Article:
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Why do Indians Celebrate Ganesh Chathurthi, the colourful 10-day-festival?

Most of us indulge in bringing well-embellished idols of Lord Ganesha to our homes for 10 long days on the auspicious occasion of this much discussed festival called Ganesh Chathurthi. This particular stretch of the year possesses a colour of its own.


Those living in the older parts of the cities like Delhi, Mumbai and Chennai witness a magical aura of the melodious Ganesh Vandana and Aartis offered in the public Ganpati Pandals in different colonies around.

However, even in this age of technological advancements, we youngsters have severe general knowledge issues and it is therefore quite obvious for most of you not knowing the significance behind this 10 day celebration. Not a problem, let’s help you out!


What is Ganesh Chaturthi?


Chathurthi is basically the fourth day of the waxing moon period, also called the Vinayak Chaturthi of the Bhadrapada month in the Hindu Calendar. This is the particular day when the procession starts and people are seen bringing the Ganpati idols to their homes.

The Ganpati is kept in the house for 10 days and the devotees present pious offerings including Deep (oil lamps), Gandh (fragrance), Naivedya (food), Dhoop (incense) and Pushp (flowers).


Modak, a special Indian sweet is considered to be the favourite of the elephant headed God which makes it a compulsory offering.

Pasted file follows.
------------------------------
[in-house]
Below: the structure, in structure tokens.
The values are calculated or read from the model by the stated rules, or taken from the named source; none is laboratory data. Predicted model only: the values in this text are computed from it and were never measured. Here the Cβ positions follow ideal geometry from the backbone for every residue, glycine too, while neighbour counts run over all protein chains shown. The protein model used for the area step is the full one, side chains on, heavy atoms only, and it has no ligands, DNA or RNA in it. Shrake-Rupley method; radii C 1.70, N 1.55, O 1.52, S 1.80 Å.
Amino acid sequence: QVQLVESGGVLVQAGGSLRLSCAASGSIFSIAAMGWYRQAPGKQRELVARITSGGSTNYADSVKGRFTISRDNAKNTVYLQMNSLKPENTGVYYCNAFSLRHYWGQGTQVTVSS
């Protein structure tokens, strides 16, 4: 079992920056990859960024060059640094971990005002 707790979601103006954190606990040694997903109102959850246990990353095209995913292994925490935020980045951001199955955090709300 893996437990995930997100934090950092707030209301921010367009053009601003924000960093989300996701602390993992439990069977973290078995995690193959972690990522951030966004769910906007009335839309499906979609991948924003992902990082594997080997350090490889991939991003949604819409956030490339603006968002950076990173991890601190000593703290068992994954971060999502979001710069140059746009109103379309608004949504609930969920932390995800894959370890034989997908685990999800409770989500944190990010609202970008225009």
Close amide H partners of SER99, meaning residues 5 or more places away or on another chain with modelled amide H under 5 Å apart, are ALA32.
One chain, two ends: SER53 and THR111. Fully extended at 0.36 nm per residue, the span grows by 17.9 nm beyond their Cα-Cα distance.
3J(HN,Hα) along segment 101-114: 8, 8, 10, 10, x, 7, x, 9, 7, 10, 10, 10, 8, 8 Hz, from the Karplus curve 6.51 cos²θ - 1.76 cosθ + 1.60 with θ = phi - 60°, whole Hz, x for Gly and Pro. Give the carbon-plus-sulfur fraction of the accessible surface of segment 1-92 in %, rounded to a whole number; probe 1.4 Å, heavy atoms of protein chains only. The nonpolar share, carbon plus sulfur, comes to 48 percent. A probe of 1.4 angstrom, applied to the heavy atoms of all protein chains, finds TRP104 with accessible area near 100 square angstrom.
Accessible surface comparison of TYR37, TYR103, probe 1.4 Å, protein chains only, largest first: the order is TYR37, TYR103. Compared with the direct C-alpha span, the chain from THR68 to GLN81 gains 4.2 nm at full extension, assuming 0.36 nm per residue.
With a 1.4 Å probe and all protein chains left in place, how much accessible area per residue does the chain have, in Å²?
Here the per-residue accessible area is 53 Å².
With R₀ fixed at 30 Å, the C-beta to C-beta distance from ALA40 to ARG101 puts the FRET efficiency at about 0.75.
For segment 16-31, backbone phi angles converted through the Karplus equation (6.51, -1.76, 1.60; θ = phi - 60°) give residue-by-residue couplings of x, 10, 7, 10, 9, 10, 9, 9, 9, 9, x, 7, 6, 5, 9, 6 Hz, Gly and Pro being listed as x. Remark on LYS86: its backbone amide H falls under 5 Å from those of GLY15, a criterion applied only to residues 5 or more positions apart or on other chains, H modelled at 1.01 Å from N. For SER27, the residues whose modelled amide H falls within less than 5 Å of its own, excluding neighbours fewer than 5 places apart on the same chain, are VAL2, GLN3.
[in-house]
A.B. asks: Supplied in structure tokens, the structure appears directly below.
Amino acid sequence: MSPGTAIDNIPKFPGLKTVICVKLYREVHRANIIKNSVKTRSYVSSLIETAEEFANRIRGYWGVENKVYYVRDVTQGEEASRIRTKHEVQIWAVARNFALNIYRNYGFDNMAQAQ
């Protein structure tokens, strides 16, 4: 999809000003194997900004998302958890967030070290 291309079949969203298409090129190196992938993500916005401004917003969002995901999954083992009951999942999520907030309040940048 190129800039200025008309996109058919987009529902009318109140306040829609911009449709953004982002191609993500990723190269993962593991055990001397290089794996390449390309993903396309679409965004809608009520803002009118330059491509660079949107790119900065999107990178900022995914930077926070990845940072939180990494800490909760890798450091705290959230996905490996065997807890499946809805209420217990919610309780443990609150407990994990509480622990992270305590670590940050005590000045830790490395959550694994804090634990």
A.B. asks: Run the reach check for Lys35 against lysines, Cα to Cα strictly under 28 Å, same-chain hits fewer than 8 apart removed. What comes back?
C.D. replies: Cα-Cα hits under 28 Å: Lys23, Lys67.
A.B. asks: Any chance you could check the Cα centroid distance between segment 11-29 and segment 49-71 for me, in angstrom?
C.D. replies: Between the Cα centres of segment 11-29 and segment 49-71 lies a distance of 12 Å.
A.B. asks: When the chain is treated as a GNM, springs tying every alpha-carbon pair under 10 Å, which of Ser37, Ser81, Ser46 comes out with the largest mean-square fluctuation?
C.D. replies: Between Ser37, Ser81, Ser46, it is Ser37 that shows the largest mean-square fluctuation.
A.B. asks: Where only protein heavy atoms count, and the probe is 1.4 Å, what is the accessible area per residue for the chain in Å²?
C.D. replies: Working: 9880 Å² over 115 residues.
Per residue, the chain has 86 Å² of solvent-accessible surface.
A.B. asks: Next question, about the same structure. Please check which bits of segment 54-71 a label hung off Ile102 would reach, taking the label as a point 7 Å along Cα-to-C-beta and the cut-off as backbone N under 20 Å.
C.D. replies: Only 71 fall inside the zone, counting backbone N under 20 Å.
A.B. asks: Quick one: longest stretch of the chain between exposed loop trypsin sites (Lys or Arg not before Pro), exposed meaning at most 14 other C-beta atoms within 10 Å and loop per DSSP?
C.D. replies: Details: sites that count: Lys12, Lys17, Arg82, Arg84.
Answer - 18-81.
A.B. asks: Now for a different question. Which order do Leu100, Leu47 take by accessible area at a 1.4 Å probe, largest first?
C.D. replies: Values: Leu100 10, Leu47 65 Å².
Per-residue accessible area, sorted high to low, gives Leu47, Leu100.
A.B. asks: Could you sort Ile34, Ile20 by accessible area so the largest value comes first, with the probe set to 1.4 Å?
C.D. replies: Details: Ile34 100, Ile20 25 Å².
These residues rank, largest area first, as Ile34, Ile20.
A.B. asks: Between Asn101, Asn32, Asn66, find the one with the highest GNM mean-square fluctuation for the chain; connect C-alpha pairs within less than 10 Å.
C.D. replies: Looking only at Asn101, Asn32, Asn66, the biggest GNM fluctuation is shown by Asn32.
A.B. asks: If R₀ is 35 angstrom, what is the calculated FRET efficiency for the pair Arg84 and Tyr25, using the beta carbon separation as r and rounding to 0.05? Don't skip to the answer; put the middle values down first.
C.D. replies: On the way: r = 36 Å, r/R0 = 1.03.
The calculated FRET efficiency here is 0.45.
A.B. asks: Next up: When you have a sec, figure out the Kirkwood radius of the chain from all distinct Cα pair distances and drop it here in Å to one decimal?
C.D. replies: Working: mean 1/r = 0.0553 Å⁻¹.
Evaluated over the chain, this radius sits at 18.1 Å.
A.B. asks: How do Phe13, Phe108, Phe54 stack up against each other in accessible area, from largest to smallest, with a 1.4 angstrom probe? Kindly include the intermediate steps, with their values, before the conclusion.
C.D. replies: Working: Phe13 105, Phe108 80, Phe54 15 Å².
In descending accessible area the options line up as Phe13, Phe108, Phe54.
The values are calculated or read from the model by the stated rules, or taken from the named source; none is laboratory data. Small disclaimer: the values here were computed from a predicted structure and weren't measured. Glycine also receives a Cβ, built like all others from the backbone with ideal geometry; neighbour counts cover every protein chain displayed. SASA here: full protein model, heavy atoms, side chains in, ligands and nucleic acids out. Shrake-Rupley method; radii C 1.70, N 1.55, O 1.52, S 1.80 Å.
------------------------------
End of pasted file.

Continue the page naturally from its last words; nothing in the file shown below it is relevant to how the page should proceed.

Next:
Basically this festival is linked to the birth of Lord Ganesha which emerges with a very interesting story.


Lord Ganesha is the younger son of Lord Shiva and Goddess Parvati who was manually made by his mother with the help of the dirt she removed off her body. It is believed that Goddess Parvati then injected life in the structure and Lord Ganesha was born. Soon, she told him to guard the door till the time she was bathing.


At the very same time Lord Shiva, after completing his long term of meditation returned to meet his wife. On the encounter, Ganesha did his duty and stopped Lord Shiva from entering. This made Lord Shiva furious and as a result, he beheaded the innocent Ganesha with his Trishul (an indigenous weapon) . Things worsen when Shiva found that the boy he beheaded was no other than his own son.

Goddess Parvati was enraged and Shiva promised to bring back Ganesha’s life. The Devas went in search of the head that flew away but could only manage to find an elephant’s head. Thus, Lord Shiva fixed the elephant’s head with the other part of the body and hence the present form of Lord Ganesha came into existence.


Significance behind the 10 days Isthaapana


It is believed that on the day of Ganpati Isthaapna, Lord Ganesha comes down from the Mount Kailash to spend time with his devotees and bless them. As a matter of fact, it is also the birth anniversary of Lord Ganesha.

While on the 11th day the idols of Lord Ganesha are immersed in water bodies, the process is however called the Ganesh Visarjan. It signifies the departure of his physical body back to the Mount Kailash.


It also highlights the temporary nature of this human body and the cycle of reincarnation a soul goes through.

It is so interesting to see that every festival we Indians celebrate is linked with so many historic reasons and messages.

As per the Hindu Calendar 2017, the Ganpati festival started on Friday, 25 August 2017 and will piously end on Tuesday, 05 September 2017.

Just like the devotees wait for the arrival of a new Ganpati after the Visarjan, a new world waits for your birth while the soul departs from your present body.







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